Published: Thu, March 08, 2018
Worldwide | By Gretchen Simon

US Holocaust Museum Rescinds Human Rights Award From Aung San Suu Kyi

US Holocaust Museum Rescinds Human Rights Award From Aung San Suu Kyi

The Washington museum's rescission of its Elie Wiesel Award to Suu Kyi, the 1991 Nobel Peace Prize victor, is the latest honour to be retracted over her silence about widespread abuses against the Rohingya.

The U.S. Holocaust Museum has chose to rescind an award honoring Burmese leader and Nobel laureate Daw Aung San Suu Kyi, who has been silent on the ethnic cleansing in her country.

Aung San Suu Kyi has reportedly refused to say the word "Rohingya" in public appearances, and private talk of the "ethnic cleansing", as the USA has called it, makes her angry. It is named for Holocaust survivor and Nobel laureate Elie Wiesel.

It said Suu Kyi's party, the National League for Democracy, under her leadership had "instead refused to cooperate with United Nations investigators, promulgated hateful rhetoric against the Rohingya community, and denied access to and cracked down on journalists trying to uncover the scope of the crimes in Rakhine State", the region of Myanmar where much of the atrocities against the Rohingya are alleged to have occurred.

"We understand the hard situation you must face in confronting decades of military misrule and violence in your country and that institution's still powerful constitutional role". The museum implores her to "use your moral authority to address this situation" and ends with words from Wiesel himself: "Silence encourages the tormentor, never the tormented".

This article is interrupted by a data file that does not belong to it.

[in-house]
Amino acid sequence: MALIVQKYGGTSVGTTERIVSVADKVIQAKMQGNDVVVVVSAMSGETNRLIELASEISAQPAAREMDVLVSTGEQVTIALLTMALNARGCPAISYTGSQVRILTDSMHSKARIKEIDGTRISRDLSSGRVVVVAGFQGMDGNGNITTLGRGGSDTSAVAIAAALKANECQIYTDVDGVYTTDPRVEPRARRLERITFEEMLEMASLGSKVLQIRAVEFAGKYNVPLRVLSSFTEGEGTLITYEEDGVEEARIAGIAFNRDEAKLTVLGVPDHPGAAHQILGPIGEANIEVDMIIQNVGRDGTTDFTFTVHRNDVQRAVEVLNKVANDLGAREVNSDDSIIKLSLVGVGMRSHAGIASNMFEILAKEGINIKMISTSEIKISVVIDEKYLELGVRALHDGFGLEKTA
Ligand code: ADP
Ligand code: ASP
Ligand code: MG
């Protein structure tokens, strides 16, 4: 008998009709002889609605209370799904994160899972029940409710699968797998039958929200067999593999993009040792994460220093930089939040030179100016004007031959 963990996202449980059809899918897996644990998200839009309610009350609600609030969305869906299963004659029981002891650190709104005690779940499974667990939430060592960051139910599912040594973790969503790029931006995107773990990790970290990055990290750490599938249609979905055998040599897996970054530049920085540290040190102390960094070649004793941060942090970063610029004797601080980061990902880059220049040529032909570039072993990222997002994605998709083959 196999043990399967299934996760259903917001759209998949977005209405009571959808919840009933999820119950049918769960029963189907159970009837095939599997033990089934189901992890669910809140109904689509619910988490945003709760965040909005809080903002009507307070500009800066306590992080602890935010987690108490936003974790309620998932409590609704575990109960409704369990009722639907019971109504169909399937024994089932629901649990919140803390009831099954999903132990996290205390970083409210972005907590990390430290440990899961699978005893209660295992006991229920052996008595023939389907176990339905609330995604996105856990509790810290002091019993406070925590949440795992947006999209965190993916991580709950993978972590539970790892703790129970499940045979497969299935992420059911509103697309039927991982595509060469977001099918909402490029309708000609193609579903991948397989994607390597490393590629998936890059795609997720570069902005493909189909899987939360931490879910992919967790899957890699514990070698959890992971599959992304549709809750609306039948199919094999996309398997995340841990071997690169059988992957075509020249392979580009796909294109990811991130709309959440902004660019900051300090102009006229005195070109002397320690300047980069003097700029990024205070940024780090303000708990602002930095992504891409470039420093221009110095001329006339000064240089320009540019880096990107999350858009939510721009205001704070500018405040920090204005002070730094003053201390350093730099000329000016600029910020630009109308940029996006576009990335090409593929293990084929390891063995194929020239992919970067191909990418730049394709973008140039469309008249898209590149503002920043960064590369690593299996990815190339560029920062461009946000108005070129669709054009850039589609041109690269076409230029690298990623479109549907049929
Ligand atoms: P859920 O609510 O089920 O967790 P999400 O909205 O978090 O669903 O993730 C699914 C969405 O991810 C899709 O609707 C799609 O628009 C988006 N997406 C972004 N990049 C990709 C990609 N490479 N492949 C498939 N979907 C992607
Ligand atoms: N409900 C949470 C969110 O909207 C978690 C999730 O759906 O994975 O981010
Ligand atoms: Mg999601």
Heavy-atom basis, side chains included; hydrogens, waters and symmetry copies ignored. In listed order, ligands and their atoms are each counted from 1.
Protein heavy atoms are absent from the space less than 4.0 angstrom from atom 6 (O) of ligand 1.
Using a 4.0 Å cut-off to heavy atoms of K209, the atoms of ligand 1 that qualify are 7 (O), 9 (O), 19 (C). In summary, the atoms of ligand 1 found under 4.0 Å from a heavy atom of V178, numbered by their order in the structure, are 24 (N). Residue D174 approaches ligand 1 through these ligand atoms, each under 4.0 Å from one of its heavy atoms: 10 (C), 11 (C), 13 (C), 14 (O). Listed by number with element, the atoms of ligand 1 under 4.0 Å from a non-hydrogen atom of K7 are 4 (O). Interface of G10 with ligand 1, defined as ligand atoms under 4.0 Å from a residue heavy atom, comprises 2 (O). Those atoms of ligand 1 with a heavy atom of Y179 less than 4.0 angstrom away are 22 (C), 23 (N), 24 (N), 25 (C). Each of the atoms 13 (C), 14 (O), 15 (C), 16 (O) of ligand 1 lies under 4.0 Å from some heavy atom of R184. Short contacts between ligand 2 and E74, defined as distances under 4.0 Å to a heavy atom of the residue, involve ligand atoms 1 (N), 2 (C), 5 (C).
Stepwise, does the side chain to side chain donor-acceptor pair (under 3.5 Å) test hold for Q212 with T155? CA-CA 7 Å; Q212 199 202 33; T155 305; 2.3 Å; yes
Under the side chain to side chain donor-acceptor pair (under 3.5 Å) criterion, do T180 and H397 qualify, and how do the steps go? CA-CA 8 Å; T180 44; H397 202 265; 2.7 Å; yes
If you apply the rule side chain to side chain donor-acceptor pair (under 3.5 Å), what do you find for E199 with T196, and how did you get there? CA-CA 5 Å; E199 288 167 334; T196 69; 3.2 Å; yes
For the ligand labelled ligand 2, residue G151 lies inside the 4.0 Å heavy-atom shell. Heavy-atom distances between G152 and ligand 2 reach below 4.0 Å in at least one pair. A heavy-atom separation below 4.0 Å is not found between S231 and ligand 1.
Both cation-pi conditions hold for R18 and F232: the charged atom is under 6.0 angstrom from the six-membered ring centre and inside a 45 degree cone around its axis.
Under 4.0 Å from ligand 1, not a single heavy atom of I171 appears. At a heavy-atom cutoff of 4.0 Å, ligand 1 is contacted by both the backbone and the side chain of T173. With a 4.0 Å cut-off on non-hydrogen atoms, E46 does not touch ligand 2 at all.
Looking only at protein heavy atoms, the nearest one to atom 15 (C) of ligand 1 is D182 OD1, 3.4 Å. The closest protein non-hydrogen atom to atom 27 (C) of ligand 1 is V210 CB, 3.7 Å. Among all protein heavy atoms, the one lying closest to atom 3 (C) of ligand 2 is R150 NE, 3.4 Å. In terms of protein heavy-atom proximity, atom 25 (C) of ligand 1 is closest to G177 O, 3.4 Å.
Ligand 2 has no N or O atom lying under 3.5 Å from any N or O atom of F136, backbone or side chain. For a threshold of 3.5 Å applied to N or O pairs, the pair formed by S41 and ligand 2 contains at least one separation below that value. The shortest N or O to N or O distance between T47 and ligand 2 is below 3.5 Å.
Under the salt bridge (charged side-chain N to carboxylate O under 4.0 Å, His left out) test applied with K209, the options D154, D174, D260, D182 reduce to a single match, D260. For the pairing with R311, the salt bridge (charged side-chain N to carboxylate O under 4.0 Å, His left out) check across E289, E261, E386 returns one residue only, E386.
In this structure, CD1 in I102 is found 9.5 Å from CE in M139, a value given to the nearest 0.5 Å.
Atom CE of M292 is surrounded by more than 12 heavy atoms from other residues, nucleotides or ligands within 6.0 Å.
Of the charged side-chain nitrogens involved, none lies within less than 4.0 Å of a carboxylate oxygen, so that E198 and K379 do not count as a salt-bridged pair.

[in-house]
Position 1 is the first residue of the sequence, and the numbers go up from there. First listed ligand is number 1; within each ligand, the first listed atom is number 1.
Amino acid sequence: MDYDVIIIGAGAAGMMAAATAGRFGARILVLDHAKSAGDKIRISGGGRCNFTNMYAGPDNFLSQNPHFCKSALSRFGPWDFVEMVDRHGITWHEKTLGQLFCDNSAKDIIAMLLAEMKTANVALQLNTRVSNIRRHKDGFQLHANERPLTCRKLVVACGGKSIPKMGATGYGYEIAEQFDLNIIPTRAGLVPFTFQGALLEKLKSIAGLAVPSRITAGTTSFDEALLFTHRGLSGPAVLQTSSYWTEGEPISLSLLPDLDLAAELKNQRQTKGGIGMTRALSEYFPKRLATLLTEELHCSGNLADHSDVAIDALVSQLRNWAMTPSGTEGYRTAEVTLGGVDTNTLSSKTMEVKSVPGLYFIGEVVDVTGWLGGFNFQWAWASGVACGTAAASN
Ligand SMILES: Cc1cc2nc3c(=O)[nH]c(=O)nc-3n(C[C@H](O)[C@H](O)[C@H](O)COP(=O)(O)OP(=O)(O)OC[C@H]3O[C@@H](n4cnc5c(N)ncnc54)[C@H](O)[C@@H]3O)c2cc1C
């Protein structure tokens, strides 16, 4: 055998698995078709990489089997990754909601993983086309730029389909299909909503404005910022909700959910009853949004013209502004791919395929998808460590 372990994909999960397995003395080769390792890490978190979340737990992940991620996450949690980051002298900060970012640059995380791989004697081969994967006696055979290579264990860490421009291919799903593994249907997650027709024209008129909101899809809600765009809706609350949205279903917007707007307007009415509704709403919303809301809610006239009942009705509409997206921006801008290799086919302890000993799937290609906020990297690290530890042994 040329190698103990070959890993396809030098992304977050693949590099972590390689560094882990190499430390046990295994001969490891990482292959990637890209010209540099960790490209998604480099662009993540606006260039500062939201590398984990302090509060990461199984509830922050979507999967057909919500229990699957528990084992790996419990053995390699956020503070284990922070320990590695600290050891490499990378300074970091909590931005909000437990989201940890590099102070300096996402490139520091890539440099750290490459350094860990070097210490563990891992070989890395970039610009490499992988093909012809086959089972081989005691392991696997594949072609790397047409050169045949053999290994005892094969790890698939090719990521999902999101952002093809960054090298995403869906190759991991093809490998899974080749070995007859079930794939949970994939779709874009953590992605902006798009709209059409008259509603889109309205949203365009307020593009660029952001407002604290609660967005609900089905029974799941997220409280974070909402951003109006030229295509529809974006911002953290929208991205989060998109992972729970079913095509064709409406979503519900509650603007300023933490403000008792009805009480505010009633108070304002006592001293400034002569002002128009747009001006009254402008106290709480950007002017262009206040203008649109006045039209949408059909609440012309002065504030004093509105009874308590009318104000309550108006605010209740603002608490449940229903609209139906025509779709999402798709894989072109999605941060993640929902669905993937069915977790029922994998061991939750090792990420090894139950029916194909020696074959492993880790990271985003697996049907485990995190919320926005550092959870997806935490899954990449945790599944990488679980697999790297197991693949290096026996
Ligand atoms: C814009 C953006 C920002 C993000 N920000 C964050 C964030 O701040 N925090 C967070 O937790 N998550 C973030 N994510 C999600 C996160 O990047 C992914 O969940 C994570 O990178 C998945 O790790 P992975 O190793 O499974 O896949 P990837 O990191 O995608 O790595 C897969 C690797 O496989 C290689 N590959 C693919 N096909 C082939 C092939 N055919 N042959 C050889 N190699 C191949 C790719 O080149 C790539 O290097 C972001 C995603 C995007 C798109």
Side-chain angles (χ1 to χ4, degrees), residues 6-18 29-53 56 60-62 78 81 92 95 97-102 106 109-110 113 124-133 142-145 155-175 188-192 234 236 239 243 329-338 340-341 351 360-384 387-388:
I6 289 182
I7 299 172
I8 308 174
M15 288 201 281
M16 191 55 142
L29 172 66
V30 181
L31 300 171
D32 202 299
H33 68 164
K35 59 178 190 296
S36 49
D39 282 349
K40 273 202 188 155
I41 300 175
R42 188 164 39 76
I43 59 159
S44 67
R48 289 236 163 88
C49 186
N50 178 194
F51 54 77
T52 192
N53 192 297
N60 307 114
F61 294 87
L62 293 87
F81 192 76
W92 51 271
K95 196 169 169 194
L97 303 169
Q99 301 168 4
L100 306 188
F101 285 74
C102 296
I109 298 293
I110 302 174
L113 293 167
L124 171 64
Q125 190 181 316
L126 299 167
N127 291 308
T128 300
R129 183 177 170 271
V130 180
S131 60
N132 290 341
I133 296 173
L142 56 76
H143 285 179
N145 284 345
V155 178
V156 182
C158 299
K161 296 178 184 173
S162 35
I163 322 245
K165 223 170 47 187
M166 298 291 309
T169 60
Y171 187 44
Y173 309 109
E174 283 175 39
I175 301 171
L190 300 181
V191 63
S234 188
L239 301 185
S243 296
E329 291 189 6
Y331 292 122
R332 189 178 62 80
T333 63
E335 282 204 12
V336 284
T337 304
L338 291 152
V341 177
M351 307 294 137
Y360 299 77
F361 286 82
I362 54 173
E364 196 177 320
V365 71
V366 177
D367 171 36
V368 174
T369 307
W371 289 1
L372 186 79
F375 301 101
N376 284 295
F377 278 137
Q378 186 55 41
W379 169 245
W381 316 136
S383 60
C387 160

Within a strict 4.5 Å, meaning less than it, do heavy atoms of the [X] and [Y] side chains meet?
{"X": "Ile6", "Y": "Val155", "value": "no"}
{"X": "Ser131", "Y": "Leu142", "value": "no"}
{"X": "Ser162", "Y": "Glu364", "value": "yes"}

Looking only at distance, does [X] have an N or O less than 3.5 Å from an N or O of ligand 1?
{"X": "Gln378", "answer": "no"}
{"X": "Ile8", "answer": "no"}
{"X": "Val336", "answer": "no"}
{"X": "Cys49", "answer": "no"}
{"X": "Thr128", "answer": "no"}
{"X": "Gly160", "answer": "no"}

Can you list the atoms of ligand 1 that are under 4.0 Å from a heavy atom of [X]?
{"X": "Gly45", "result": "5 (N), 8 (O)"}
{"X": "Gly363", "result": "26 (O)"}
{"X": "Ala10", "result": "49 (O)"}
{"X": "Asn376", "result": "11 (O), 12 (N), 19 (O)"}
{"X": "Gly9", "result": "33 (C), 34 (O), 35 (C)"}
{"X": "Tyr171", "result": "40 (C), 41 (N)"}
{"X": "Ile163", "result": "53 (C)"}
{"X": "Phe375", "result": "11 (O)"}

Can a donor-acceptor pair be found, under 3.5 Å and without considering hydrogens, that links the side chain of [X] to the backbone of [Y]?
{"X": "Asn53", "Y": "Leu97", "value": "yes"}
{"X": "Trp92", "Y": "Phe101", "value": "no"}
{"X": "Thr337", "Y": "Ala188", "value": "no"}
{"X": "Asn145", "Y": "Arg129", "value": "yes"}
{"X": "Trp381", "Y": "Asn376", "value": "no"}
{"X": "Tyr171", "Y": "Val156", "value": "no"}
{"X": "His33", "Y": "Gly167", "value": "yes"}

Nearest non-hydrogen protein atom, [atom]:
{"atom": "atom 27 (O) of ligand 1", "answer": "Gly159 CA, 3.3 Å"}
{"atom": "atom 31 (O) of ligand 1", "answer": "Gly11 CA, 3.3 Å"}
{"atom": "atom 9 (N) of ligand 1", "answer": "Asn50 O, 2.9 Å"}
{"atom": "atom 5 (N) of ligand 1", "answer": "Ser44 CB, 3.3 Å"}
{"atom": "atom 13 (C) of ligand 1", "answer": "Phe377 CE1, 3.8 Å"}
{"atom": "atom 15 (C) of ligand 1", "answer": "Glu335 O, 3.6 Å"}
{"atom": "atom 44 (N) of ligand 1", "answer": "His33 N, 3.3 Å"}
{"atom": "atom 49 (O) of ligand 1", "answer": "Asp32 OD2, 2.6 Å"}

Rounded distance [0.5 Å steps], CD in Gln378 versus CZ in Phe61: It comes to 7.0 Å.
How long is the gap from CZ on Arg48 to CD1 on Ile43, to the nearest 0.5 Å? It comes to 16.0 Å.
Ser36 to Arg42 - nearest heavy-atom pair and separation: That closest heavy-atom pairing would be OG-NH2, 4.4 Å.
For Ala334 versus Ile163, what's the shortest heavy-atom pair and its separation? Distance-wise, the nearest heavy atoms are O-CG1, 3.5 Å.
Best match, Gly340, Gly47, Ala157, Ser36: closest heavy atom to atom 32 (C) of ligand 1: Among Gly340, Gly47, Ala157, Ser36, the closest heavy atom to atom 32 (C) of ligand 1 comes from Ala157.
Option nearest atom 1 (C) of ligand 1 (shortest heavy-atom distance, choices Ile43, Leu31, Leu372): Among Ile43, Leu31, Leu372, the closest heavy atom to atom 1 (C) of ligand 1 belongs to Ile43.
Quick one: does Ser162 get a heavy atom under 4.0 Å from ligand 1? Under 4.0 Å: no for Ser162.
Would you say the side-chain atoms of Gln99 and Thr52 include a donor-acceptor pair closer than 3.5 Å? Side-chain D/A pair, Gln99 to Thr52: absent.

Myanmar's State Counsellor Aung San Suu Kyi walks towards her vehicle after arriving at Air Force Station Palam in New Delhi, India, January 24, 2018. Wiesel, who died in 2016, was a founding chairman of the museum.

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Almost 700,000 Rohingya have fled Rakhine into Bangladesh since insurgent attacks sparked a security crackdown in August, joining 200,000 refugees from a previous exodus. Before that, another wave of refugees began arriving in October 2016.

Aung San Suu Kyi, the political leader of Myanmar, was once the darling of world governments and organizations focused on global humanitarian efforts.

While a United Nations special envoy found what they consider evidence of genocide and other countries, including the USA, have accused the Myanmar military of ethnic cleansing, Suu Kyi remains relatively silent on the issue.

"She doesn't want any dissent".

Zeid Ra'ad al-Hussein said in a speech to the UN Human Rights Council that reports of bulldozing of alleged mass graves showed a "deliberate attempt by the authorities to destroy evidence of potential worldwide crimes, including possible crimes against humanity".

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